WILKES-BARRE — Describing it as an “end run” around big banks and big government that could reduce the cost of floating municipal bonds while returning money to the county’s general fund, Mike Krauss extolled the virtues of establishing a “public bank” during a presentation to about 30 representatives of area governments and municipalities Monday morning.
Krauss, a director of the Public Banking Institute, said governments facing tight budgets currently have four options: “Cut services, layoffs, raising taxes or taking on more debt service. Those are the tools. We need another tool.”
A public bank would be set up through a state bank charter to pool financial resources of governments and public money, using those assets in partnership with local banks that, on their own, cannot compete with the large, multinational banks, Krauss explained.
Initial gains would be low as the bank starts up, but would grow over five or six years to the point of substantial return on investment for the sponsoring government. Krauss said a state public bank in North Dakota, in existence for 95 years, gets a returns of 17 to 25 percent some years.
In this case, Krauss was talking about the possibility of a Luzerne County public bank, an idea initially floated by Luzerne County Council Vice Chairman Edward Brominski.
Brominski said he set up and paid for the breakfast and presentation at Genetti’s Best Western Hotel and Conference Center to provide information to interested parties.
Krauss said the largest banks have the most clout and can offer bigger loans and lower rates than smaller banks, but that loans have become a small part of their business, which is choking off credit.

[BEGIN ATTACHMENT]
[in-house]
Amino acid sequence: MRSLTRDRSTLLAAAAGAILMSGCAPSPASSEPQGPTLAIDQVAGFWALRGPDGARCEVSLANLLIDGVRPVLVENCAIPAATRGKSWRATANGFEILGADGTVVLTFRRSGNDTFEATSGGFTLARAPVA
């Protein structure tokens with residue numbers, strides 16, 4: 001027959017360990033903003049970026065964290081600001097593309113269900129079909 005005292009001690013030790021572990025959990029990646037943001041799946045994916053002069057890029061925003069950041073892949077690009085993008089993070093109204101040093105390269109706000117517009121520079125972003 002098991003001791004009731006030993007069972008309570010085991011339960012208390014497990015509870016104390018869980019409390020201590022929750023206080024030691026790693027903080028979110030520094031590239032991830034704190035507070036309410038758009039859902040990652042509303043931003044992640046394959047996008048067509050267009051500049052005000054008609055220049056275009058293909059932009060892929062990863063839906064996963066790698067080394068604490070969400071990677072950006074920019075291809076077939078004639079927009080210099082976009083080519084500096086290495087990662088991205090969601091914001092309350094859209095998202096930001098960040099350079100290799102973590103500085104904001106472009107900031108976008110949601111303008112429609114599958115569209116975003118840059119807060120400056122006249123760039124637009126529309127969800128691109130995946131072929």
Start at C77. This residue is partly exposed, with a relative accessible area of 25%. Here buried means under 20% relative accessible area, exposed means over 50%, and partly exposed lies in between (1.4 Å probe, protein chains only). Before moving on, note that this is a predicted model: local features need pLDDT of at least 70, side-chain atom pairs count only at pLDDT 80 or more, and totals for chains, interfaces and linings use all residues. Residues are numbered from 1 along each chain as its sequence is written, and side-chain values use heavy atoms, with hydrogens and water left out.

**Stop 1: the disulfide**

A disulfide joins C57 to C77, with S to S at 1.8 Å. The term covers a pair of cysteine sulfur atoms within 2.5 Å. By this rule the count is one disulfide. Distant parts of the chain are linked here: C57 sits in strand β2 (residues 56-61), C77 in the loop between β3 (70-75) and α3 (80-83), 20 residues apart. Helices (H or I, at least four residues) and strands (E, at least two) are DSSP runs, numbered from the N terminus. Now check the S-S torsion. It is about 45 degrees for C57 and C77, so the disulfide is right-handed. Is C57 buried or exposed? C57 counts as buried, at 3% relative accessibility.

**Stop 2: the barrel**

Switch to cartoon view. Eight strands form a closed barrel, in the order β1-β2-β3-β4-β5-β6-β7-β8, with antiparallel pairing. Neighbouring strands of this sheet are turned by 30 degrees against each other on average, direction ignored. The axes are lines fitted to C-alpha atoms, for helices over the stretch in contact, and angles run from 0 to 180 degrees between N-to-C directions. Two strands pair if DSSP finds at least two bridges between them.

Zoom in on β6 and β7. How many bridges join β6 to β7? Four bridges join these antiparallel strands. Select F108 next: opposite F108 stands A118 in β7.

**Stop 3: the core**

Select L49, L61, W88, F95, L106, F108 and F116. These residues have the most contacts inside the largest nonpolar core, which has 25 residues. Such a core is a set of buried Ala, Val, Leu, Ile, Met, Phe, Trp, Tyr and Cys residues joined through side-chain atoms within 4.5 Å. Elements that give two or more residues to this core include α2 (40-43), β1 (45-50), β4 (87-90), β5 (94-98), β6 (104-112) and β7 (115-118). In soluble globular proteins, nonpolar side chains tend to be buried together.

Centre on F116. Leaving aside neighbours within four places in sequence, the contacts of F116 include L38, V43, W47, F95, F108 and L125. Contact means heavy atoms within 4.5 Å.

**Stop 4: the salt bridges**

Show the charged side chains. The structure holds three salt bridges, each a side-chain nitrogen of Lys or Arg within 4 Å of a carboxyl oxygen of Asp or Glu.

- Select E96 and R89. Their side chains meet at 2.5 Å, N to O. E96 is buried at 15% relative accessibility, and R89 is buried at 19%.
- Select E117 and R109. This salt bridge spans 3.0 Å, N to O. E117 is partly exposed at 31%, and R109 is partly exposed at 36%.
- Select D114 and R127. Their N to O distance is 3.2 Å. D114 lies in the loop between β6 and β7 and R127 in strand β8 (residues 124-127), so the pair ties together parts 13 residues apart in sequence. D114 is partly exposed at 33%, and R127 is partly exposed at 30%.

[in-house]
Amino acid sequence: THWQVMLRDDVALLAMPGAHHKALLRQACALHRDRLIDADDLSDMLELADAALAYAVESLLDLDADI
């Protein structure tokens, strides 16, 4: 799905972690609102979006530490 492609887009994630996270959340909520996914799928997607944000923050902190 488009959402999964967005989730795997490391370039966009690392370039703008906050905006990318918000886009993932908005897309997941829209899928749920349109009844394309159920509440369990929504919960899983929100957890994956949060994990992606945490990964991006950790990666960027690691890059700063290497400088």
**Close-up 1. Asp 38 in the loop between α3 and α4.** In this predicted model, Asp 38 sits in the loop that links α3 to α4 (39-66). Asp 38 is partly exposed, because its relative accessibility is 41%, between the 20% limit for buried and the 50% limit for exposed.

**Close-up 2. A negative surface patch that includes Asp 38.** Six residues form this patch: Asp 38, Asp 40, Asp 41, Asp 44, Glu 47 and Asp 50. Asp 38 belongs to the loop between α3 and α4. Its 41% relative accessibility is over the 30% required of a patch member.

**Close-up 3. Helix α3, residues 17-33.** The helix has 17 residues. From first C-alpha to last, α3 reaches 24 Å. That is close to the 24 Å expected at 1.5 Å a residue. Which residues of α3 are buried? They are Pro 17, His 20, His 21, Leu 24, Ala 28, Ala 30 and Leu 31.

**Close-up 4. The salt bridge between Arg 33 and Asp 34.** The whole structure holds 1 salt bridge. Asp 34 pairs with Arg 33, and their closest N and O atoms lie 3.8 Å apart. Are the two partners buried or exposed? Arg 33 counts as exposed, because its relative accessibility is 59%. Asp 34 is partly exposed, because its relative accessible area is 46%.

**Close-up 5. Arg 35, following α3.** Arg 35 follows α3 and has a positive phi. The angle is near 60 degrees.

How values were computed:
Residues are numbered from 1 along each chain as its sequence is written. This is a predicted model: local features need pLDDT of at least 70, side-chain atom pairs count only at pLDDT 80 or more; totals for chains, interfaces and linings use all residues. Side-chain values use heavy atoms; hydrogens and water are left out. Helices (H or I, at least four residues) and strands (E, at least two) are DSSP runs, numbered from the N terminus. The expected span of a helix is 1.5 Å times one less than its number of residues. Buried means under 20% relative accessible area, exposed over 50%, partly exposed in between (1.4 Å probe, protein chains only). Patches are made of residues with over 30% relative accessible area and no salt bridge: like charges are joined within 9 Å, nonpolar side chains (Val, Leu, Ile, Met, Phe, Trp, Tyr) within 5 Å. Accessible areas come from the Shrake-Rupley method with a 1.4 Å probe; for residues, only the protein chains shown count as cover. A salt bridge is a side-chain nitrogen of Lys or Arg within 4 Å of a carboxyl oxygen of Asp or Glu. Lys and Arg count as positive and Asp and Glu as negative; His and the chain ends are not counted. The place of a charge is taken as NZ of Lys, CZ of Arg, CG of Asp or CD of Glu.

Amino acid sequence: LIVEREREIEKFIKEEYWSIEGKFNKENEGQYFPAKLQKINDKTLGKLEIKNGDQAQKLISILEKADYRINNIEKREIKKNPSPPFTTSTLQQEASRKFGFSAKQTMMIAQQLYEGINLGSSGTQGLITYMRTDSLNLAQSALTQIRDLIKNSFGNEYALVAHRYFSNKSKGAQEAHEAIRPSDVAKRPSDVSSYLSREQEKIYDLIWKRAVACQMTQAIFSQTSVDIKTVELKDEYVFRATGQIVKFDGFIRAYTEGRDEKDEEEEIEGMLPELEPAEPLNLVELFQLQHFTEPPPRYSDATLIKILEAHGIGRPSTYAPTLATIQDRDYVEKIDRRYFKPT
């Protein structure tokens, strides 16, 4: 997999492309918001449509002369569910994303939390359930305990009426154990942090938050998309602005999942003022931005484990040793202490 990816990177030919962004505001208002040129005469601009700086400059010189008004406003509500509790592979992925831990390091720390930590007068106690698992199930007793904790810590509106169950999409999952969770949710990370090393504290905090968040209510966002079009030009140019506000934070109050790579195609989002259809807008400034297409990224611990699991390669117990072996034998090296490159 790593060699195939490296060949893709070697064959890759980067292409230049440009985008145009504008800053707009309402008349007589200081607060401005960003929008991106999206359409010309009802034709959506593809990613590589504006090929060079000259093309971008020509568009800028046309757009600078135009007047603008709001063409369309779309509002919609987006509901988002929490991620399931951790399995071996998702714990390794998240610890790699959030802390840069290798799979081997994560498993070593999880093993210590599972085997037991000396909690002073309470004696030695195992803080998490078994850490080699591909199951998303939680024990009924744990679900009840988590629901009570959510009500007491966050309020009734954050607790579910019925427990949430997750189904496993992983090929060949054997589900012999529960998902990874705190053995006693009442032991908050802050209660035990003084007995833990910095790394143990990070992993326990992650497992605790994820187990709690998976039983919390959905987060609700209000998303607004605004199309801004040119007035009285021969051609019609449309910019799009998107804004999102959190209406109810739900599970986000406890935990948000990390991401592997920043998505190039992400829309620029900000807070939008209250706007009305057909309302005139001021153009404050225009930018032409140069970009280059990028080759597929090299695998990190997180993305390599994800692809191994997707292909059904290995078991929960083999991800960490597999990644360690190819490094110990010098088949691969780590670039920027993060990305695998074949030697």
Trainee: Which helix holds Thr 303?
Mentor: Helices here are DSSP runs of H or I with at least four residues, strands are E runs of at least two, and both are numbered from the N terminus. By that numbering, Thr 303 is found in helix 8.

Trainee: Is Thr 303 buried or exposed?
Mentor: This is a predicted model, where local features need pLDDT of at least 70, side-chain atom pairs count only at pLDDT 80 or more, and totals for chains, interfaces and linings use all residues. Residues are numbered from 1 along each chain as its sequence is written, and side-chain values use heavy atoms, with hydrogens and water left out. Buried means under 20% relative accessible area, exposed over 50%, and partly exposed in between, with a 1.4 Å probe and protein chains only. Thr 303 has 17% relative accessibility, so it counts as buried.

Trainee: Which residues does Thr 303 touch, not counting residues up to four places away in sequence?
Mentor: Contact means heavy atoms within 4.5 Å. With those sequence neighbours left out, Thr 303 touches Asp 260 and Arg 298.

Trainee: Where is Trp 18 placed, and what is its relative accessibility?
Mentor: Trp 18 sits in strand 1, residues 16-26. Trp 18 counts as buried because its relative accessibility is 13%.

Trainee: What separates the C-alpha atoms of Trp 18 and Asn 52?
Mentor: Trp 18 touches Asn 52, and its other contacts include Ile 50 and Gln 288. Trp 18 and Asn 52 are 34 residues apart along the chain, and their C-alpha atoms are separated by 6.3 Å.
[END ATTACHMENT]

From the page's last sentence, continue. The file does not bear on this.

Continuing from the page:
Local banks, on the other hand, may be more willing to loan money but often have lower limits on how much they can provide, and higher interest rates. A public bank leverages public money to help local banks compete.
“It’s a partnership bank,” Krauss said. “There are no branches, no tellers, no ATMs, no real estate, none of those expenses.
“Let’s say you own a car dealership and you want to expand,” Krauss said. “You go to a local bank and say ‘I need $10 million,’ They say ‘Our limit is $5 million.’ The dealer goes to a bigger bank. That’s how big banks take their share. In North Dakota, the local bank says lets go see if the public bank will cover the rest.”
Similarly, Krauss said, a local bank may be able to offer only a loan with interest at 6 percent, but partnered with a public bank it may drop the rate dramatically.
The public bank could influence the cost of government borrowing, usually done by floating municipal bonds.
“The potential impact on your bond debt is phenomenal,” Krauss said. The public bank can bid on the bond, driving down the cost. He cited a California bridge that required a $6 billion loan plus almost as much interest. “Had they banked it themselves, they could have taken maybe 30 percent off that.”
And a public bank can respond more quickly with disaster relief, Krauss said, citing a major fire in a North Dakota City. “The state bank put up $100 million before (the Federal Emergency Management Agency) was even on the ground.”
Forming a public bank would require gathering interested banks and stakeholders to determine its mission, Krauss said, noting that in North Dakota the goal recently has been to fund development of high-tech businesses.
He said Philadelphia is contemplating a public bank, and one possible goal would be to offer low-cost mortgages for the development of about 40,000 vacant properties the city is dealing with.
Governance of the bank would also be important, with a goal of limited political input, Krauss said.
The North Dakota bank has a board of bankers and business officials appointed by three elected officials. The board then chooses a director who hires any necessary staff.
After the meeting, Walt McRee, another director of the Pennsylvania Public Bank Project, said that system creates multiple firewalls between politicians and bank operations.
Krauss said transparency is essential to a public bank, but also said it is built into the concept, in part because it is a public bank subject to more scrutiny than large private banks. Partnering with local banks also means risk assessments of any loan are done by two separate parties: the public bank and the local bank.
Most attendees stayed around to ask further questions after the presentation.
Hazleton Mayor Joe Yannuzzi said the idea sounded promising but that it would involve considerable work. “It’s worth exploring further,” he said, a sentiment echoed by Luzerne County Councilman and former Luzerne County Commissioner Stephen A. Urban.